9. The dual-output triple-Vdd charge pump of claim 2 wherein the first inner node is pumped by the first inner pumping capacitor to double the power supply voltage;

wherein the second inner node is pumped by the second inner pumping capacitor to double the power supply voltage;
wherein the first outer node is pumped by the first outer pumping capacitor to triple the power supply voltage minus a voltage drop through the first inner diode and minus parasitic voltage losses;
wherein the first output node has a maximum voltage of triple the power supply voltage minus a voltage drop through the first inner diode and minus a voltage drop through the first outer diode and minus parasitic voltage losses;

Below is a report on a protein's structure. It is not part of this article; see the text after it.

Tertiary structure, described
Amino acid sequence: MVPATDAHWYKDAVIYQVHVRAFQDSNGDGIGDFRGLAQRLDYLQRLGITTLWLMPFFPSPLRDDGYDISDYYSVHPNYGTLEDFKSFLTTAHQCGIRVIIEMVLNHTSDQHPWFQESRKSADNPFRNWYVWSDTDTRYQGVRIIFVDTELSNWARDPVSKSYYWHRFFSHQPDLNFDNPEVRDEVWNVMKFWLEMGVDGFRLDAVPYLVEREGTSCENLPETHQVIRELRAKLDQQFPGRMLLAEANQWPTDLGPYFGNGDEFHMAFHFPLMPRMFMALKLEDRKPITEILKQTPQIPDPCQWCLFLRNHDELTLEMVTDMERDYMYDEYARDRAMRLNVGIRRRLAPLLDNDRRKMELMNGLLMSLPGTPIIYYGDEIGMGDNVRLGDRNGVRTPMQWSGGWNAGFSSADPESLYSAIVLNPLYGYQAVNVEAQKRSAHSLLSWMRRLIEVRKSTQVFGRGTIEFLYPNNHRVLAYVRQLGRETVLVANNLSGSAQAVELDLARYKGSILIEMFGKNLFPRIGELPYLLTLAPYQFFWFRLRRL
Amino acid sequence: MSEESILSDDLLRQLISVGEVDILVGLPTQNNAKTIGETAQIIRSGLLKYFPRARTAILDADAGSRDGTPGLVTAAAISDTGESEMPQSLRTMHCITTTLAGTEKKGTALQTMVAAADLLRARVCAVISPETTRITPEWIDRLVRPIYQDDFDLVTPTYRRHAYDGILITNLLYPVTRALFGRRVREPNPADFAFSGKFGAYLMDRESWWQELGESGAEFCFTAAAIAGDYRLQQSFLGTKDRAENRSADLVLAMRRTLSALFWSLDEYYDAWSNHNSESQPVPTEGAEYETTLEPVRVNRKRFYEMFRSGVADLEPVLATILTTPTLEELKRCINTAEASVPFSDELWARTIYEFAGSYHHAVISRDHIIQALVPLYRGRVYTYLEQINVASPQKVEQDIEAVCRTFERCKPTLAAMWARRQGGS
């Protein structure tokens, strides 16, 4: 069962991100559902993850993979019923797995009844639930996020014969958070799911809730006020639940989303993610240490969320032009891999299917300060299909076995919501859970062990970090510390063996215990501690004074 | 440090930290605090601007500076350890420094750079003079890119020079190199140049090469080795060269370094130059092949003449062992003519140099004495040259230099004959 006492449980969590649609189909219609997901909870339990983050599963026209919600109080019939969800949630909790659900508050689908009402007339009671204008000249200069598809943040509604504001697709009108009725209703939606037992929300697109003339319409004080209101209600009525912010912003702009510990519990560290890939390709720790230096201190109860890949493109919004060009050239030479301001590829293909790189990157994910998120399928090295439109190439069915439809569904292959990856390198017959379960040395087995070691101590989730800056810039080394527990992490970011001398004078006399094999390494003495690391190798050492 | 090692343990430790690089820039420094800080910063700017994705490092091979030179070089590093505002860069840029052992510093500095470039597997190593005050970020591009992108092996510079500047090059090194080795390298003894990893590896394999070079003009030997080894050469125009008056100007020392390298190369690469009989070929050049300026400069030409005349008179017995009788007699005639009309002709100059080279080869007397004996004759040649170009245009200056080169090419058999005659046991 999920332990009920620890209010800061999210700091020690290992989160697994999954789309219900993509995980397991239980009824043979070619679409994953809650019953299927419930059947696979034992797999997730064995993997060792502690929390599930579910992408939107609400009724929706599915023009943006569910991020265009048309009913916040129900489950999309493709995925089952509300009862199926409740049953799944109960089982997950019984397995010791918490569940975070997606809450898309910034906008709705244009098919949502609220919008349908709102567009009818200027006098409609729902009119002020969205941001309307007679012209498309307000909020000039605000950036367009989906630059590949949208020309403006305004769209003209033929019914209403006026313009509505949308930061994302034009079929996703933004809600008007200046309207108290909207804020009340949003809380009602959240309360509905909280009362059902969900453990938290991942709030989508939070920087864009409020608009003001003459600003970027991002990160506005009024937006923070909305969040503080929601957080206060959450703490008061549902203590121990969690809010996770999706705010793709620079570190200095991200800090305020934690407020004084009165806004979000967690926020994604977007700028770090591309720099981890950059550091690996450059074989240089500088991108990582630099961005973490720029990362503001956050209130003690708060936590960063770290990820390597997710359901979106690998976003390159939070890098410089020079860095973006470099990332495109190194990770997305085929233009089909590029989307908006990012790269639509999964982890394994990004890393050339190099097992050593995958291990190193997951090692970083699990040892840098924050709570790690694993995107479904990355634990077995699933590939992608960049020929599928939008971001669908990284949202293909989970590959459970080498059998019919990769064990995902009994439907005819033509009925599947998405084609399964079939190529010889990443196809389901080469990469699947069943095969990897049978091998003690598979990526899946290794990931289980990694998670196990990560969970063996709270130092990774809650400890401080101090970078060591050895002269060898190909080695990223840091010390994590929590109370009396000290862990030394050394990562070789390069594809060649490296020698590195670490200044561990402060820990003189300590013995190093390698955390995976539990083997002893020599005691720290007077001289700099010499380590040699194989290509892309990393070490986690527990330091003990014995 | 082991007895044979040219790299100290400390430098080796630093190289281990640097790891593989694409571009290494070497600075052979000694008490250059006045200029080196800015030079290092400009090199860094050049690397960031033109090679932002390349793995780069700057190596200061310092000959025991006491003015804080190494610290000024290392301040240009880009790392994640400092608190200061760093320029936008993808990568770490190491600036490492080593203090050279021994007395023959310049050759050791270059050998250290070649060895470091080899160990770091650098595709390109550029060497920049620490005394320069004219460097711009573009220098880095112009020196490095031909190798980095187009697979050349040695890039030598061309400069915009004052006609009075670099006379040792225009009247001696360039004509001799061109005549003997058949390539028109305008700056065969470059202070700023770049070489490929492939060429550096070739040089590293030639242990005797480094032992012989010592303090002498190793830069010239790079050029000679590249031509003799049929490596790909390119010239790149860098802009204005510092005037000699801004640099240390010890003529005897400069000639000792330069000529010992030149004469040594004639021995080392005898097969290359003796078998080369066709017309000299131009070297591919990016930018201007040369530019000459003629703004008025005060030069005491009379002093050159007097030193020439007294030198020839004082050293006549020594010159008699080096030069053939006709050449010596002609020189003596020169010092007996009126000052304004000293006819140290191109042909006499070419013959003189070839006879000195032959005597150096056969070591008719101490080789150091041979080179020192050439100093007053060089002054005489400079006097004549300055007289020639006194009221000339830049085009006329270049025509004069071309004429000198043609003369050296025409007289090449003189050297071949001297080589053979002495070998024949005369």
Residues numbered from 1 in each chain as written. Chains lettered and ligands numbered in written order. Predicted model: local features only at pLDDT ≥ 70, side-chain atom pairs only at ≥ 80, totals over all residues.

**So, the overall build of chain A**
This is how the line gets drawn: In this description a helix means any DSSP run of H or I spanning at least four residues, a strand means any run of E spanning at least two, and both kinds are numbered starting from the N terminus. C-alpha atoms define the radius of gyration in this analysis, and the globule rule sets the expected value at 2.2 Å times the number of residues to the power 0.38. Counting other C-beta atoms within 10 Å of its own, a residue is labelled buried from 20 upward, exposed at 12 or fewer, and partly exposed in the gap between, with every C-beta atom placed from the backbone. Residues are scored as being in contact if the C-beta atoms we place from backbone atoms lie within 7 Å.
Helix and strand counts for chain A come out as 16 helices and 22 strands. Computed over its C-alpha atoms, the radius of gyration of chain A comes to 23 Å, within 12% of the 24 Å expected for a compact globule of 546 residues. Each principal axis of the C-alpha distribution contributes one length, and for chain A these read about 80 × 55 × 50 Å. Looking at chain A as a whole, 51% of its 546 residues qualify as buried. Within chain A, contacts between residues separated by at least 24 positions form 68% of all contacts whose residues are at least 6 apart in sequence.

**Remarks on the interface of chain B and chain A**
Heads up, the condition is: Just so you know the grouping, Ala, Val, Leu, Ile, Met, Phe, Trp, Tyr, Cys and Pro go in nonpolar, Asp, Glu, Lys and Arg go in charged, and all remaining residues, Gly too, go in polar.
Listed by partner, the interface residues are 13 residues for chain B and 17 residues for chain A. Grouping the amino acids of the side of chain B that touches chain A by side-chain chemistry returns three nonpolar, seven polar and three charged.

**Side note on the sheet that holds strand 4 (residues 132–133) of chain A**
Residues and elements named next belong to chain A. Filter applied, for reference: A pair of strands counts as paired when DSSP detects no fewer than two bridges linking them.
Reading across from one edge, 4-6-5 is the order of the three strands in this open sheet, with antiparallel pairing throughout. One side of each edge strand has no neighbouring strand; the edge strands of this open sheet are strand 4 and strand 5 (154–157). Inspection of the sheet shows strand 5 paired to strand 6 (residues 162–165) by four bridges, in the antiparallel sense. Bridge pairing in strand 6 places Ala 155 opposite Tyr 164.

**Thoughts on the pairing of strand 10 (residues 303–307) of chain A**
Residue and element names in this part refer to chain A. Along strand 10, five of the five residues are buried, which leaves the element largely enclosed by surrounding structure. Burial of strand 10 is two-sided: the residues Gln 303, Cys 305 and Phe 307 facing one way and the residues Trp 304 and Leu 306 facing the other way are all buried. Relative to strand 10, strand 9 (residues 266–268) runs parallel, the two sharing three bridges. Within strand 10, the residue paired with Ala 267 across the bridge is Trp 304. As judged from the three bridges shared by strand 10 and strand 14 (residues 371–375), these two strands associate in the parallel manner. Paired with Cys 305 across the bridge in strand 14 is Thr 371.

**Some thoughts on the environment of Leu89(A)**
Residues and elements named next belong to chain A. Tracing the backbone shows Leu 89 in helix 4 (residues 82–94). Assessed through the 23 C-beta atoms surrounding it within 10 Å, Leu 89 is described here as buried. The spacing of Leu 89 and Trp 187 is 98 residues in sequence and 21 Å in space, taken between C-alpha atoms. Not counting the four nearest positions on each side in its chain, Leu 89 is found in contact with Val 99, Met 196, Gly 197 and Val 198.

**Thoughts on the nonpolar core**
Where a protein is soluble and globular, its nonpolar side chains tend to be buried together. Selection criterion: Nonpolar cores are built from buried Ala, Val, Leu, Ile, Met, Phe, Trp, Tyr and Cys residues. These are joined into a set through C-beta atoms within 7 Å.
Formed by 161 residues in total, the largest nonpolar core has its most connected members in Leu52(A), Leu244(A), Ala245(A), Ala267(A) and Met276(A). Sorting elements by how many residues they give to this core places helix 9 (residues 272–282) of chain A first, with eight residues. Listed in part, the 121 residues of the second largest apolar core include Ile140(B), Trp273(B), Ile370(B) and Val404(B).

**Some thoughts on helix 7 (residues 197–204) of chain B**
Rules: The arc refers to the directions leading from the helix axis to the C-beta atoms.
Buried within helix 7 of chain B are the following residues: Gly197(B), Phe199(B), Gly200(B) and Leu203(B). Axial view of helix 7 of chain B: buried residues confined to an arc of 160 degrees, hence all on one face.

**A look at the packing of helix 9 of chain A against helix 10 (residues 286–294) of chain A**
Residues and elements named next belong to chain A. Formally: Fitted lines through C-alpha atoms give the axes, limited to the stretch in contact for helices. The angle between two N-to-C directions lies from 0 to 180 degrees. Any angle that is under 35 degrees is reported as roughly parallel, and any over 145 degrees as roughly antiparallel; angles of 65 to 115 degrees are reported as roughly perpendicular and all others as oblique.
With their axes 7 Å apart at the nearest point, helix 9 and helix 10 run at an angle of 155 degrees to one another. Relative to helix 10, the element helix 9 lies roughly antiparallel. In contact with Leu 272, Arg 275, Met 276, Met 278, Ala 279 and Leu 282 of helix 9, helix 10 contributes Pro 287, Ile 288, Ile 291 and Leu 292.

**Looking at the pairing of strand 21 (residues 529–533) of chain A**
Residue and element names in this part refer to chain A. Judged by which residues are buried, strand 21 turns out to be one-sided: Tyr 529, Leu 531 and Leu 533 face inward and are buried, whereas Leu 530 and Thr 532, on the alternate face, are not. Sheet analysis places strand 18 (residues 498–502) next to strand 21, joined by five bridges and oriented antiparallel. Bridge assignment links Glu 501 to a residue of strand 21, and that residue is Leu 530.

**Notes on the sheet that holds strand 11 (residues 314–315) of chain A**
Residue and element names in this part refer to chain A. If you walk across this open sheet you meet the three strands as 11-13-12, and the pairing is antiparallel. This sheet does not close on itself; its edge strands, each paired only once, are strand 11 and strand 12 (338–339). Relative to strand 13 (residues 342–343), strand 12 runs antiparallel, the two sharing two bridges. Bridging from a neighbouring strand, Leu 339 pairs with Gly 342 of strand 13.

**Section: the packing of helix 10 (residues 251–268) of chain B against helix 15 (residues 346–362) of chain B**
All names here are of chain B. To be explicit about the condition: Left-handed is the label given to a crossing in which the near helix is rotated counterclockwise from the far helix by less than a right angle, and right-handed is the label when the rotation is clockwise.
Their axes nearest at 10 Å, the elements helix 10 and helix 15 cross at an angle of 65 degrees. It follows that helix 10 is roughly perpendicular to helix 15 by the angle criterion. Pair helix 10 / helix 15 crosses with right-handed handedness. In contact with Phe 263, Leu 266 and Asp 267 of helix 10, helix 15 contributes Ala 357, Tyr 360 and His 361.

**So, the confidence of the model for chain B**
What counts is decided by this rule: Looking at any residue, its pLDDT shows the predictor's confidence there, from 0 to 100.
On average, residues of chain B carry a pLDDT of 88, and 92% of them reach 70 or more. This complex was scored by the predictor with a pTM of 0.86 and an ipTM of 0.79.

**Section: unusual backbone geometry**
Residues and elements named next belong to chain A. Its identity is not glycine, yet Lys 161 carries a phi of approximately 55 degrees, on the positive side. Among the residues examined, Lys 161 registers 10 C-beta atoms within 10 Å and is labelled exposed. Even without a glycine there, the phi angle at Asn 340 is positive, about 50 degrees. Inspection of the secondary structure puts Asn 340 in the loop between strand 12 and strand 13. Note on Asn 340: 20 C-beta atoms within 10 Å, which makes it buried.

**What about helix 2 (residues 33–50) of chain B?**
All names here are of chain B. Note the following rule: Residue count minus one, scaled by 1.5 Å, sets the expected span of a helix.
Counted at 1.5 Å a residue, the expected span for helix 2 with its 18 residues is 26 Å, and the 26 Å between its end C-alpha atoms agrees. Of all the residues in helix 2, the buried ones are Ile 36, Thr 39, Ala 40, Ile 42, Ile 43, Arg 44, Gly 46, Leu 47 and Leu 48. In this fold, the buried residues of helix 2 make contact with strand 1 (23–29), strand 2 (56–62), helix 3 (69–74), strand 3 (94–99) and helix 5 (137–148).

wherein the second outer node is pumped by the second outer pumping capacitor to triple the power supply voltage minus a voltage drop through the second inner diode and minus parasitic voltage losses;
wherein the second output node has a maximum voltage of triple the power supply voltage minus a voltage drop through the second inner diode and minus a voltage drop through the second outer diode and minus parasitic voltage losses.

10. A charge pump circuit comprising:

a first cross-coupled transistor having a source connected to a power supply, a drain connected to a first inner node, and a gate connected to a second inner node;
a second cross-coupled transistor having a source connected to the power supply, a drain connected to the second inner node, and a gate connected to the first inner node;
a first inner pumping capacitor coupled between the first inner node and a first clock;
a second inner pumping capacitor coupled between the second inner node and a second clock;
a first inner diode coupled between the first inner node and a first outer node, for allowing current to flow to the first outer node and for preventing reverse current flow to the first inner node;